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Old 16 Feb 2002, 14:24 (Ref:217149)   #1
Rushy
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Rushy should be qualifying in the top 10 on the grid
Newbie

I started karting last year in a cadet
i'm looking forward to the new season
any one got any tips?
i race in hallavington
where do yo kart???

Rushy

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Old 17 Feb 2002, 03:07 (Ref:217491)   #2
marcus
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marcus has a real shot at the podium!marcus has a real shot at the podium!marcus has a real shot at the podium!marcus has a real shot at the podium!
Welcome to ten tenths Rushy.

I race in Australia allthough I am currently in retirement.

the only advice i can give you is go out there and simply have fun, enjoy yourself and remember first place isnt everything.
ok sure first place is nice but i believe the reason most people get into racing is for the pure joy of it , and I always tried to take that feeling with to every meeting I have seen way to many times drivers throwing a bit of a hissy fit because they cam second or third instead of winning.

its all for fun , you can really serious about in later years if you carry onto cars.

again welcome to ten tenths and i hope you visit reguallary
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Old 8 Mar 2002, 03:18 (Ref:230566)   #3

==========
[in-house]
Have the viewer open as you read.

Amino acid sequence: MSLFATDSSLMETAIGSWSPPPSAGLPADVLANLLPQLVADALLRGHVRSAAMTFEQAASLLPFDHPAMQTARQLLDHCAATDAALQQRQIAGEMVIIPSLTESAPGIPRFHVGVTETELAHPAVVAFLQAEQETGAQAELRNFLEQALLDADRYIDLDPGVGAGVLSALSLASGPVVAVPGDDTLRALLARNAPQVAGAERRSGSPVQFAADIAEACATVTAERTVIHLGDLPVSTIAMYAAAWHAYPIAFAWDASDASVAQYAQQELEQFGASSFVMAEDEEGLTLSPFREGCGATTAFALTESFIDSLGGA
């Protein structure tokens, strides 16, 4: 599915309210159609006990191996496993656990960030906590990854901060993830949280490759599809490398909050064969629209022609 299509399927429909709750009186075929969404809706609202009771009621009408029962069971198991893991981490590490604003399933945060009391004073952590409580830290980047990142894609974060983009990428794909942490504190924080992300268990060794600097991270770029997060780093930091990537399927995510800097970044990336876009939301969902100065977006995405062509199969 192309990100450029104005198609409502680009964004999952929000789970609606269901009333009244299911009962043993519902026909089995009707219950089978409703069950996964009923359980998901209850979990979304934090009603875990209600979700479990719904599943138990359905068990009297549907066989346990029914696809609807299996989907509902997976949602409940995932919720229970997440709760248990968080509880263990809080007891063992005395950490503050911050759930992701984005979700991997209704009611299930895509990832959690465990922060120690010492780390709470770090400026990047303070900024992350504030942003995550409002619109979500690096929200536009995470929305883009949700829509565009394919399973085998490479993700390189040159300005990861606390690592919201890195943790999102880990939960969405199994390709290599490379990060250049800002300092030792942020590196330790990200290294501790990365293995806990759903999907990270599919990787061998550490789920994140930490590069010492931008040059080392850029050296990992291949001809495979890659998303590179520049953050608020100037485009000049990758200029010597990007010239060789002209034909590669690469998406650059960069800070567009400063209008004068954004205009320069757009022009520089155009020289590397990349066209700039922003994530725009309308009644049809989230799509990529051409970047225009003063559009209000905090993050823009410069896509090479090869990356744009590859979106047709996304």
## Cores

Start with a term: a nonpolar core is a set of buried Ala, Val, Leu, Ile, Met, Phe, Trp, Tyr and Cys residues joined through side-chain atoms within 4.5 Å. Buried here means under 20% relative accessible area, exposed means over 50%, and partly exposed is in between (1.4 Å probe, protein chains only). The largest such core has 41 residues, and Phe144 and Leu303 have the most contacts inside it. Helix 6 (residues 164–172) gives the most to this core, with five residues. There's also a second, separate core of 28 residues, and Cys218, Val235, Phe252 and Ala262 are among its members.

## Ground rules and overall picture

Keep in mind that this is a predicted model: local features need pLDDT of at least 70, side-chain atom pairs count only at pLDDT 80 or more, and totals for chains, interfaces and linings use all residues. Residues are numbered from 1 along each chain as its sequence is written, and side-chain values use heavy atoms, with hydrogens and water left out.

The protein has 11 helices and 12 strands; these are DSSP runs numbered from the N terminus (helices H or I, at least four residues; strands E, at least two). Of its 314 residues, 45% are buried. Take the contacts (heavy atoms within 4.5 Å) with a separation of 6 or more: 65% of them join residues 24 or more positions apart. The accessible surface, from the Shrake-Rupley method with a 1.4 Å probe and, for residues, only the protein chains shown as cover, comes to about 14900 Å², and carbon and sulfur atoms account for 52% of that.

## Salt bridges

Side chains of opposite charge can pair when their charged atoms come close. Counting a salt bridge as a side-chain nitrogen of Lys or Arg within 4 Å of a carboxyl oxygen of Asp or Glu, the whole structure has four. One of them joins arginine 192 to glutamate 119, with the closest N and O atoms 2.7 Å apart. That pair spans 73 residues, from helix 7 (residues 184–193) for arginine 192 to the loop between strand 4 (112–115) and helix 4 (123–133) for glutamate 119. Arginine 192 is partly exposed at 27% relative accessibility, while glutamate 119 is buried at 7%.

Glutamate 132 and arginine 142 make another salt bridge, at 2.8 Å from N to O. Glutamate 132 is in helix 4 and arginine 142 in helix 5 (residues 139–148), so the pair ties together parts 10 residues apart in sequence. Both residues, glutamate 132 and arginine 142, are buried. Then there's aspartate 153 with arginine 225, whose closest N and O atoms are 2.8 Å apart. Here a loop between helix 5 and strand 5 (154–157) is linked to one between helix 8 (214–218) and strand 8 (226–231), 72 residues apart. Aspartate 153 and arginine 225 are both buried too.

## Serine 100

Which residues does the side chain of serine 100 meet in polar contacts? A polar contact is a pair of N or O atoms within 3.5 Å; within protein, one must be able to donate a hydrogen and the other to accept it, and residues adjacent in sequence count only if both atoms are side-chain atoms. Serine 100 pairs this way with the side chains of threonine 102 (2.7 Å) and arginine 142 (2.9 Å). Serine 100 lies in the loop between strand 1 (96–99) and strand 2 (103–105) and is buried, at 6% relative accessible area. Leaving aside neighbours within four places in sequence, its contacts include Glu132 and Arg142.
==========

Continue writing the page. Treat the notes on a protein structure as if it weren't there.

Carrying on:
everett brown
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everett brown should be qualifying in the top 10 on the grid
Hi Rushy, seat time, lots of it. walk every track every inch, along with the handling of your kart, work, work, work on the correct gears and study the best breaking points at each and every track. most important, have fun!
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Old 8 Mar 2002, 05:13 (Ref:230604)   #4
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G'day Rushy

My son and I race sprint karts in Tasmania, Australia.

Marcus and Everett have already got the important things; lots of seat time and have fun. Don't worry about where you come just try to go a little bit faster each time out.
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Old 8 Mar 2002, 16:49 (Ref:230938)   #5
Simon Pullan
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Simon Pullan should be qualifying in the top 10 on the grid
Don't look behind you!! Too many cadet karters are too worried about what's going on behind and you'll never go quickly if you aren't concentrating on what you are doing. Concentrate on your own race and don't be intimidated by others. If you knuckle down and get on with your own race then you'll likely pull away from the guy behind anyway.